The number of people who choose a vegetarian lifestyle is expected to grow to around seven percent of Australia’s population in 10 years’ time, according to forecasts from IBIS World.
In the approach to Australia Day, the business information firm has drawn on analysis of more than 500 industries to paint a picture of what it believes Australia will look like in 2025.
It predicts Australia’s population, currently hovering at around 22.8 million, will grow by 1.6pc per annum to reach 27.8m in 2025, with immigration, rising birth rates and longer life expectancies driving the growth.
The report also considers likely changes in Australian lifestyles, work habits, energy use and diets.
One clear trend looking ahead according to the report is a growing preference for ethically and sustainably produced meats, eggs and dairy (free range meats, poultry, eggs), while organic and local produce will also continue to rise in popularity and penetration.
“While we have traditionally considered ourselves a country of meat-lovers, consumption of vegetarian meals is certainly a growing trend in Australia,” IBIS World chief executive Karen Dobie said.
Currently, IBISWorld estimates around five per cent of Australians consider themselves vegetarian, with just one per cent of those proclaiming veganism.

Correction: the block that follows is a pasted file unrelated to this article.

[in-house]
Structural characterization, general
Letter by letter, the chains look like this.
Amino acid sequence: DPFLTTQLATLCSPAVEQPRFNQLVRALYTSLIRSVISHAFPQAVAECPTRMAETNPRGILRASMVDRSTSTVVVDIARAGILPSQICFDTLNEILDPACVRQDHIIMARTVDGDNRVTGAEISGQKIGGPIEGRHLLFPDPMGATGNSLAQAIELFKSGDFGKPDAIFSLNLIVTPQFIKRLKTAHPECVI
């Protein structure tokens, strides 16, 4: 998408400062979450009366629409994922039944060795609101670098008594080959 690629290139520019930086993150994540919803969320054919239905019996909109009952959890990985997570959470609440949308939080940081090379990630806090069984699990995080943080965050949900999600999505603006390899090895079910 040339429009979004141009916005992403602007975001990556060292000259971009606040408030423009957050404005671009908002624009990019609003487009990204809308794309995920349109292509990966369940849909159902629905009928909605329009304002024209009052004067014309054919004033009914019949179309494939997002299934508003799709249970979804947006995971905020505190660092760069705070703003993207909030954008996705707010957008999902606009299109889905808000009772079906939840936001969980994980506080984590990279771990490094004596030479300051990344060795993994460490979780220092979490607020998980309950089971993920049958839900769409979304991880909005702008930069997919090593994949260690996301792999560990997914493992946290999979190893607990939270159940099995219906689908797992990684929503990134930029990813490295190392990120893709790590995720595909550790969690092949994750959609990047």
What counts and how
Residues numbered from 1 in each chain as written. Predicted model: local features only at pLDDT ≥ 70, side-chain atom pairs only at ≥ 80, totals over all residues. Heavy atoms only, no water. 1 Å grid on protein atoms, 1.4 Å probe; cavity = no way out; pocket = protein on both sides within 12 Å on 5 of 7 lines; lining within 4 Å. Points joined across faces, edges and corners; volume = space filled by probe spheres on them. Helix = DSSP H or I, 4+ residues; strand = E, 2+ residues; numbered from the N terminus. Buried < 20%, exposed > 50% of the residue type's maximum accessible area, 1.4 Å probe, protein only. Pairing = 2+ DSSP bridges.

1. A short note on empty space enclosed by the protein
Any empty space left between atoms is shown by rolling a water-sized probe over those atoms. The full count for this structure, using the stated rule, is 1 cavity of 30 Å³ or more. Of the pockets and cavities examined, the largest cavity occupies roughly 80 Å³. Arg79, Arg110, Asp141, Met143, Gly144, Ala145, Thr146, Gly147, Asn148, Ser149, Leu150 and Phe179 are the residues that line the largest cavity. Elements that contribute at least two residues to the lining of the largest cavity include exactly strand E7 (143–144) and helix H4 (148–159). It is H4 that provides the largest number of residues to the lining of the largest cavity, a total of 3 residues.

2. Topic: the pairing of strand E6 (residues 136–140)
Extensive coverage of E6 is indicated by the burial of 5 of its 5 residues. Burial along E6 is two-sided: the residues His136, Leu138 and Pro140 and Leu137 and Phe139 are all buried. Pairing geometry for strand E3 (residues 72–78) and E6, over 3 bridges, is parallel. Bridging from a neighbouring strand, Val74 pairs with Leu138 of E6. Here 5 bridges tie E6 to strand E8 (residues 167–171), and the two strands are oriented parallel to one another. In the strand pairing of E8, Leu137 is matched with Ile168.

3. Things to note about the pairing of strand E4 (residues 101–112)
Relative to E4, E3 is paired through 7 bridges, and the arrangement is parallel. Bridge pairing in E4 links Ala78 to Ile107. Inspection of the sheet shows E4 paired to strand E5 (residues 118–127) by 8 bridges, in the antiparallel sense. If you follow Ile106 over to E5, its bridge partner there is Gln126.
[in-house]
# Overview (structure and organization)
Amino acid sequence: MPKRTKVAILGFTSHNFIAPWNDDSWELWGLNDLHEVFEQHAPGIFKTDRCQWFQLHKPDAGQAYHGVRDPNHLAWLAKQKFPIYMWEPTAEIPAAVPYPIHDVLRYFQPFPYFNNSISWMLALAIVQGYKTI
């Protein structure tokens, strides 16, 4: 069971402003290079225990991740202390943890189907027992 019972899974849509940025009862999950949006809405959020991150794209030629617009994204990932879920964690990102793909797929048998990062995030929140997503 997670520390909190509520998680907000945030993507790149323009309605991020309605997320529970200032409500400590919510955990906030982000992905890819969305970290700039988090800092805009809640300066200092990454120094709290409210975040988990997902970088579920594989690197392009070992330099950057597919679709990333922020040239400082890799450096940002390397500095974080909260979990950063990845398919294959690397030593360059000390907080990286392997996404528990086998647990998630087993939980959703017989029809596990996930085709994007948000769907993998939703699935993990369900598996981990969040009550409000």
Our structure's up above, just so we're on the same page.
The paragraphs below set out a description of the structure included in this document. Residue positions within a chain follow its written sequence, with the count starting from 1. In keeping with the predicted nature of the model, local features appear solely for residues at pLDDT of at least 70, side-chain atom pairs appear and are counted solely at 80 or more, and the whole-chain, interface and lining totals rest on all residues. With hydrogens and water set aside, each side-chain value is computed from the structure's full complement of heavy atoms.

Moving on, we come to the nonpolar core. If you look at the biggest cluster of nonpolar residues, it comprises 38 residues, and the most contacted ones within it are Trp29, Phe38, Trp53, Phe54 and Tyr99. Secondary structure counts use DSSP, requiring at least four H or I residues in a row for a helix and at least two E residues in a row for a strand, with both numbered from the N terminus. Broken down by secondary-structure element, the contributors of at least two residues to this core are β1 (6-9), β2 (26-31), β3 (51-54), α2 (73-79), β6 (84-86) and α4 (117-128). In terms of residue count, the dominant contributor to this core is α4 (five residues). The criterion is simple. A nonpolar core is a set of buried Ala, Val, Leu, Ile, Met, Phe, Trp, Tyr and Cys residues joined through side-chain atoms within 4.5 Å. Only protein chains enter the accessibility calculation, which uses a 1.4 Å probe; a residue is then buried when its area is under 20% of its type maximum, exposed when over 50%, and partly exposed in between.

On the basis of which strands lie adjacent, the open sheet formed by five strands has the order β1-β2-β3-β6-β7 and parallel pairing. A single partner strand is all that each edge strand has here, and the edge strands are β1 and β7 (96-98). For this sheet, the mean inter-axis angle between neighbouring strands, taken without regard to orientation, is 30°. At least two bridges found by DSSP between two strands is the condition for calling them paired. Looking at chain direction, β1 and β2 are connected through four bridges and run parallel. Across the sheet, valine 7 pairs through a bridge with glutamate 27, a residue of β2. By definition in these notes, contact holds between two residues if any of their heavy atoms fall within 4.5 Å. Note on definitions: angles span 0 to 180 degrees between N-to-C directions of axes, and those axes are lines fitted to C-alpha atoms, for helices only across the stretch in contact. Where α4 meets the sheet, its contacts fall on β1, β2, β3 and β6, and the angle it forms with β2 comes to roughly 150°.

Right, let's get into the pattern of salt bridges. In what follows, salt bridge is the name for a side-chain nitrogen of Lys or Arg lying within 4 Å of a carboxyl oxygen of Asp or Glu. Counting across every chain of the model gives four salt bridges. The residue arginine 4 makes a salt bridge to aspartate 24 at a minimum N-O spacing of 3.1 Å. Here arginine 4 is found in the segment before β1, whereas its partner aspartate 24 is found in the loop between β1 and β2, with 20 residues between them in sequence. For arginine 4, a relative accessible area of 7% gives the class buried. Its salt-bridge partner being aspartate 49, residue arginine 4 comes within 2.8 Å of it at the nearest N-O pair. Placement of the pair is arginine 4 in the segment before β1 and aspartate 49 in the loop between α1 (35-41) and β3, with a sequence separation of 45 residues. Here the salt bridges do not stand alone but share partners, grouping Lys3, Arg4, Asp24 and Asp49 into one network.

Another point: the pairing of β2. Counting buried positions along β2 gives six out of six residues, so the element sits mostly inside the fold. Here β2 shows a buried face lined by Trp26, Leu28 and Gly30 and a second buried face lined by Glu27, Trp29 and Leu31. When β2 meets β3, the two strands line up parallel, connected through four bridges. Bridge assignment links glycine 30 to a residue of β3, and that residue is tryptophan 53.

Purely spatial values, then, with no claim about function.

By 2025 the firm expects vegetarians to comprise closer to seven per cent of the population.
The report also suggests that the average Australia will work around 30 hours per week in 2024, down from 32 hours this year, due to more people transitioning to part-time work and more companies offering flexible working hours as a result of technology improvements.
The average Australian worker is also expected to take home $1756 per week in 2025, up from $1086 on average now due to inflation, up-skilling and industry movements.
Australians are also expected to have more leisure hours per week – 78.5 hours, up from 76.4 in 2000 – which will be spent online, eating out, playing sport, hitting the gym and watching television and movies.
The Carbon Tax, introduced in 2012, is tipped to drive electricity generators to switch to less carbon-heavy sources of energy.
Less than 10pc of Australia’s total electricity usage is currently supplied from renewable sources, with hydro-electricity accounting for 67.2pc of total green energy currently produced; wind energy now at 22pc of generation, and solar energy considered to hold ‘huge potential’ according to IBIS World.
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